February 2022

Arts & Letters

The princess and the pea soup: ‘Spencer’

By Shane Danielsen
Pablo Larraín’s laboured Princess Diana biopic is a future camp classic

Here are a few of the things to which Diana is likened in the course of Spencer, Pablo Larraín’s study of the late Princess of Wales. A bug in a dish. A pheasant. Anne Boleyn. A scarecrow. A ghost. A prisoner of war. And the film, literal to a fault, takes care to illustrate each of these, either visually (game birds tiptoe across manicured lawns, dead queens materialise to offer advice) or via dialogue so darkly portentous that, after one particularly loaded exchange, my wife shouted at the screen “OH MY GOD, NOT EVERYTHING IS A METAPHOR!” (We were, it should be noted, not in a cinema at the time.)

What Spencer is not, is any sort of conventional biopic. Like Jackie, Larraín’s 2016 ode to Jacqueline Kennedy, it’s better understood as a set of variations on a theme: a web of impressions, sensations and conjecture, all woven around an attention-getting central performance. In that film it was Natalie Portman, mimicking the breathy, sing-song cadence of Jackie O’s voice to distracting effect. This time it’s Kristen Stewart, equipped with a blonde wig and some cut-glass English vowels, doing her level best to embody the People’s Princess.

The film follows Diana over the course of three tense days, as the royal family assembles at Sandringham House to celebrate Christmas. No date is given, but from the ages of William and Harry, and the breadth of their mother’s shoulder pads, it seems to be either 1990 or ’91. It opens with a shot of a dead bird lying on the road to the castle, almost but not quite being run over (crushed, do you see?) by a convoy of military vehicles. These pull up outside the main house, and a squad of soldiers emerges and takes from the vans various ammunition boxes, which, when brought to the kitchen, are found to contain not ordnance but lobsters, sausages, vegetables and pastries. Matériel for the feasts to come.

Already tempered by the appearance of a pre-title card (“A fable from a true tragedy”), expectations diminish further still with the appearance of probably my least-favourite working actor, Sean Harris, so distractingly terrible in Southcliffe and The King. This time, Mr Harris exerts himself – meaning that his dialogue is actually intelligible, for a change – to play Darren, the house’s head chef. Under a sign reading “Keep noise to a minimum. THEY CAN HEAR YOU”, he oversees a series of banquets so extravagant you’d think he was catering the Met Gala; at the end, when he notes that “there’s a lot left over”, you have to wonder just how good Darren is at his job.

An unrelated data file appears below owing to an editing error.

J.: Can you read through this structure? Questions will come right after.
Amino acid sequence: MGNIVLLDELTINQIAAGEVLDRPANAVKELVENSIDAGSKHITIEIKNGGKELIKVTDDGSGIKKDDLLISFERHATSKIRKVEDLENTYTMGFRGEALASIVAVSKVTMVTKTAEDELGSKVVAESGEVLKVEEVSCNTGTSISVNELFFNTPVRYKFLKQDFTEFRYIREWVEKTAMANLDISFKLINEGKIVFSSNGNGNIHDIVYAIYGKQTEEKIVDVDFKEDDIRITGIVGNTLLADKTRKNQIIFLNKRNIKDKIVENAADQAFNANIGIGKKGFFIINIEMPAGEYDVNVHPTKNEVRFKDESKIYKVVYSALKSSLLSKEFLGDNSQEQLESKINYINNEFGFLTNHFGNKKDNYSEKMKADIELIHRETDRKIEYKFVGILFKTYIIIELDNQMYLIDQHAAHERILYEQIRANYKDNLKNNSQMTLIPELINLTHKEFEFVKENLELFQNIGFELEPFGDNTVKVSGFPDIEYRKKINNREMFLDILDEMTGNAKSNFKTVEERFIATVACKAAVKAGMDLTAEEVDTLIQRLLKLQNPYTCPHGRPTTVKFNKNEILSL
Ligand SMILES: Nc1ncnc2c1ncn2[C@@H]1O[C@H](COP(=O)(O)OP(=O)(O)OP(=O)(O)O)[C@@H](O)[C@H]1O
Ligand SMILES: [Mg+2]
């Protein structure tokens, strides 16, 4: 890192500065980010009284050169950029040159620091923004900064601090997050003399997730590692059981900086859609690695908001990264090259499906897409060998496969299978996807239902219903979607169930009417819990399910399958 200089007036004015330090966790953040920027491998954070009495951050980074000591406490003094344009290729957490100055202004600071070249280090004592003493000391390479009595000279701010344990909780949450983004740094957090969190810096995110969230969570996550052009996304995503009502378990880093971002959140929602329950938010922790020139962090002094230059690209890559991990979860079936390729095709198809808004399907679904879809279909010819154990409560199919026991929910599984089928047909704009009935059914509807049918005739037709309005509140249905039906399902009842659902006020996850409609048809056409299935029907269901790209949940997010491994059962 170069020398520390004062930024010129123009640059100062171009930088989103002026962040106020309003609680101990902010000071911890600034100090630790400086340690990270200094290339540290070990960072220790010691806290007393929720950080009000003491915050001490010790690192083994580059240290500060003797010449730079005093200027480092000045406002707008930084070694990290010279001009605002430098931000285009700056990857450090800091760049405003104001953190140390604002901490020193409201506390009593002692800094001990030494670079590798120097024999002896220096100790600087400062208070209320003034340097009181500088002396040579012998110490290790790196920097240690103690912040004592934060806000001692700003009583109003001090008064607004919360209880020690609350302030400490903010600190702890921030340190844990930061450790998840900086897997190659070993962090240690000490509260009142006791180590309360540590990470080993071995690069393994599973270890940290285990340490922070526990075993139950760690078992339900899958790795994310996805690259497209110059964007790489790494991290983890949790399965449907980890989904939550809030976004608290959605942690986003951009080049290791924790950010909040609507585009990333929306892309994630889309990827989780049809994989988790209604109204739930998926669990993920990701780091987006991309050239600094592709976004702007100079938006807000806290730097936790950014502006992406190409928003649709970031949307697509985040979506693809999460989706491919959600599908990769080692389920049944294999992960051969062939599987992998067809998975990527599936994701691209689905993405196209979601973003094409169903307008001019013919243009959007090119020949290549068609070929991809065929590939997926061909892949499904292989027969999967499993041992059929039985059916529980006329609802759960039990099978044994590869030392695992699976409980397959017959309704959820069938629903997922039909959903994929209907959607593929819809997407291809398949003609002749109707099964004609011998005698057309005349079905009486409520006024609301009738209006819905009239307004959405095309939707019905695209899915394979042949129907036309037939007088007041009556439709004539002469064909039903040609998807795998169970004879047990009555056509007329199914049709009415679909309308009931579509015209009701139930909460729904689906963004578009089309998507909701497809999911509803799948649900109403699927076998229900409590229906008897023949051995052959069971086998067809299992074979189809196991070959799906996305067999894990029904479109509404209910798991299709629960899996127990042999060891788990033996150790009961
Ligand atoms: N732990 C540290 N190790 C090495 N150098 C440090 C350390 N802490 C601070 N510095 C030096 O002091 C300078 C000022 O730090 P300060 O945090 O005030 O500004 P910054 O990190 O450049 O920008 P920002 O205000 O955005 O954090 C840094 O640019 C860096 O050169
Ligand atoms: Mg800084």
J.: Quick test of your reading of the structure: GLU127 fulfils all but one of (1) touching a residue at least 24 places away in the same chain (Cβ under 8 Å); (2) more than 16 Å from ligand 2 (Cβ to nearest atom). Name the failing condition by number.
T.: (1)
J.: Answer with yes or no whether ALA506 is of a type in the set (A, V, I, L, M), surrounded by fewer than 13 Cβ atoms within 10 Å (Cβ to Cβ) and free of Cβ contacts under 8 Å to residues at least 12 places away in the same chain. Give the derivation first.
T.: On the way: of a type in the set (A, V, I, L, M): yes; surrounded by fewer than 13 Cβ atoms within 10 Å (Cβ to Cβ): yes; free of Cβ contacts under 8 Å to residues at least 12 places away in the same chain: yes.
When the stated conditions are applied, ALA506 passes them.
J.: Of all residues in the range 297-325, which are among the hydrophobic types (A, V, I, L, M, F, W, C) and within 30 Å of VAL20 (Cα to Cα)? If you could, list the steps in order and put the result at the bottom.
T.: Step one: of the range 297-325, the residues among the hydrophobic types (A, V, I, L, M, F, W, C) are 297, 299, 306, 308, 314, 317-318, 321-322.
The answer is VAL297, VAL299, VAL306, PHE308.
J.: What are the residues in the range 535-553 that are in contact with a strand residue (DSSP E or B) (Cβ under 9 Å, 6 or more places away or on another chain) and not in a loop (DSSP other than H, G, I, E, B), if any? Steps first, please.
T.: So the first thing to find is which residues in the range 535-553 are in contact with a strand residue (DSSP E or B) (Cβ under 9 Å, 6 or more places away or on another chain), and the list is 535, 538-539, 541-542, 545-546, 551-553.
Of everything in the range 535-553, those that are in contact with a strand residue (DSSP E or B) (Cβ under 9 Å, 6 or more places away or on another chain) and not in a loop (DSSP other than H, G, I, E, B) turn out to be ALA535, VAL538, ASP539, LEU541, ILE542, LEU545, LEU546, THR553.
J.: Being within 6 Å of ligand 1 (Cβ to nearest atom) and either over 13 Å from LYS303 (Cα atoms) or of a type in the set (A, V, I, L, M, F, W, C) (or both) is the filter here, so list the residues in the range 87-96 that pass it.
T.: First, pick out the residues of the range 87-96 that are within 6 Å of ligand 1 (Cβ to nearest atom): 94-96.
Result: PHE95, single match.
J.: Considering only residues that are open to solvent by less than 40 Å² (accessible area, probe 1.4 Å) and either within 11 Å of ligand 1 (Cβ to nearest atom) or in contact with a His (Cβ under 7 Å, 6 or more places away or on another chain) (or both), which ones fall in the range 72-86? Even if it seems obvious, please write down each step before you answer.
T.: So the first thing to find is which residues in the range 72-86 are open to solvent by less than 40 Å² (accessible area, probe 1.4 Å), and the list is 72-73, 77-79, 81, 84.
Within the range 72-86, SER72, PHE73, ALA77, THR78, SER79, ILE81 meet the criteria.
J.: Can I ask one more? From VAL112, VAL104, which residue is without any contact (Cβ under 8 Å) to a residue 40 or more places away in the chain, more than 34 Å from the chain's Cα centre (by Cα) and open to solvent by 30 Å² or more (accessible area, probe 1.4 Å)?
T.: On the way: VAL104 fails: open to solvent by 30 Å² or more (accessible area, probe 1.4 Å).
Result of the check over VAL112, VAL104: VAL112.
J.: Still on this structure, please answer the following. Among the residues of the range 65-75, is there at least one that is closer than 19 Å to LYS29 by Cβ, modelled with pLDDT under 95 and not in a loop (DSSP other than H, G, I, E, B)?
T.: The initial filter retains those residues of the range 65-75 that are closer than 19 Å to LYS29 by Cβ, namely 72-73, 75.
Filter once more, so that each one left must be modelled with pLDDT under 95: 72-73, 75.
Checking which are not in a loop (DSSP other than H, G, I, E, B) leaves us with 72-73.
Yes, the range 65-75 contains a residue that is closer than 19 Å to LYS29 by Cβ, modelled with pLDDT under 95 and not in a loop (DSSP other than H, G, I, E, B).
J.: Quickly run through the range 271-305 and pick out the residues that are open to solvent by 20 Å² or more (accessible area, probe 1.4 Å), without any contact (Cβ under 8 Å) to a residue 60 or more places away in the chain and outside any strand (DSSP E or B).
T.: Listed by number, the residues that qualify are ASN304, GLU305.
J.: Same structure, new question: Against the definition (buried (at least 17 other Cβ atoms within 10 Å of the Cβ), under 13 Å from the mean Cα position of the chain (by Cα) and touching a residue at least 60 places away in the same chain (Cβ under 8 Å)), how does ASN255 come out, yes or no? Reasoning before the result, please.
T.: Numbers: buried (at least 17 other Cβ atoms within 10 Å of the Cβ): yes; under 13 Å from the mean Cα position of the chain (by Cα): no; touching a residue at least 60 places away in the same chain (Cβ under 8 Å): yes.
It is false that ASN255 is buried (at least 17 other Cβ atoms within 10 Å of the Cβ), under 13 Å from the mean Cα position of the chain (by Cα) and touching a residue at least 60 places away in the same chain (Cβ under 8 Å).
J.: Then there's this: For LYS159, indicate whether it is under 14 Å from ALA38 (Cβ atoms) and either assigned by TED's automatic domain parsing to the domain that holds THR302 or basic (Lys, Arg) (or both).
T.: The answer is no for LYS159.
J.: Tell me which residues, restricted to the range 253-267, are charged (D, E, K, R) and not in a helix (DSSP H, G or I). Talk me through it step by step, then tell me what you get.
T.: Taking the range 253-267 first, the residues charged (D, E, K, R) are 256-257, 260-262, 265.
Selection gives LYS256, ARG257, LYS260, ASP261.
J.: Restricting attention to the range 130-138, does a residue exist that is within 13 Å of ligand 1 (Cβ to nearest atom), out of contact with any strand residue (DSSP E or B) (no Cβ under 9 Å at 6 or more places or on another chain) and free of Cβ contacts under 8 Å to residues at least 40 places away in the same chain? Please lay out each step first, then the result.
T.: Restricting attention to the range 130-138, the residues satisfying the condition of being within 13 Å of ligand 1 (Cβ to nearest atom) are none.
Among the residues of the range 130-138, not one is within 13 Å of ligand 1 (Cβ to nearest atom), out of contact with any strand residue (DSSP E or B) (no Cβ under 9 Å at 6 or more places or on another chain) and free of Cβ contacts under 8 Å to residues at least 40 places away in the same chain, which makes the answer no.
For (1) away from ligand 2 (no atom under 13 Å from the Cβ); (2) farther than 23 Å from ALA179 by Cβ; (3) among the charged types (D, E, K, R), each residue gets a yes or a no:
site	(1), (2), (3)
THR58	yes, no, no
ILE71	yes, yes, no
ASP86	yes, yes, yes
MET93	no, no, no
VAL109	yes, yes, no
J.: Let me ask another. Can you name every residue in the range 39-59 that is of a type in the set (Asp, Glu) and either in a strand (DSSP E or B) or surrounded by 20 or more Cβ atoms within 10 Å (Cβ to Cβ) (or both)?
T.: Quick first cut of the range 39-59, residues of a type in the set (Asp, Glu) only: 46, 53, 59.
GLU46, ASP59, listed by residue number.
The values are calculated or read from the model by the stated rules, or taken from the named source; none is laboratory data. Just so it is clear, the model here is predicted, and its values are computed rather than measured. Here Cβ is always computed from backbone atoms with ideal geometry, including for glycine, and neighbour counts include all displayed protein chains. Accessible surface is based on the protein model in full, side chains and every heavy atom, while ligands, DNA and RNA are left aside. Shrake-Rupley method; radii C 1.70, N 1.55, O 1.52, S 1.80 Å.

Diana, meanwhile, has chosen to drive herself to Sandringham, but for some reason can’t seem to find the way, despite the fact she grew up nearby and has presumably been going there every Christmas for the past decade. In desperation, she stops into a motorway cafe to ask directions. “I have absolutely no idea where I am,” she explains. (Because she’s lost, you see. A lost soul.) She turns to the room, the diners dumbstruck by the appearance of this soignée toff. “Where am I?” she asks. But such is her eminence, no commoner dares answer. (She’s famous, yes – but so terribly, terribly alone. DO YOU GET IT?)

There are a lot of scenes like this. Theatrical, implausible. Dully hammering home a point we’ve already worked out for ourselves, or knew in advance. I was going to blame Steven Knight, Spencer’s screenwriter. But then I read his shooting script, and while by no means excellent, it’s a few degrees better than the finished film. The blame must therefore be a collective one.

Eventually Diana makes it to the estate, much to the relief of the equerry charged with her care (Timothy Spall, looking here like a Hogarth caricature). And for a while she manages to elude her husband and in-laws. Diana, in this telling, is always running late or where she’s not meant to be, constantly being reminded by various servants that “They” are waiting for her. I briefly hoped that this would be the film’s strategy: that we’d always be arriving at things just as they end, or would miss them altogether, and would therefore see the royal family only from a distance, or glimpse them in passing – remote, ceremonial figures, more liturgical than human, on their way to perform their mysterious duties. Not only would this be a far more interesting film – a study of someone truly alienated from their milieu – it would spare us the dissonance of a Charles (Jack Farthing) who bears no resemblance whatsoever to the real Prince of Wales, and a Queen (Stella Gonet) who looks more like Tubbs from The League of Gentlemen.

And this brings us to the central issue here: the question of impersonation. I have nothing but admiration for Stewart, who managed to make even the Twilight movies come alive while she was onscreen. Within the bandwidth of what she does – a kind of raw-nerved naturalism – she displays both a thrilling vivacity and a deep and complex interior life. Given the right director (as Olivier Assayas proved with Personal Shopper), she can be transfixing.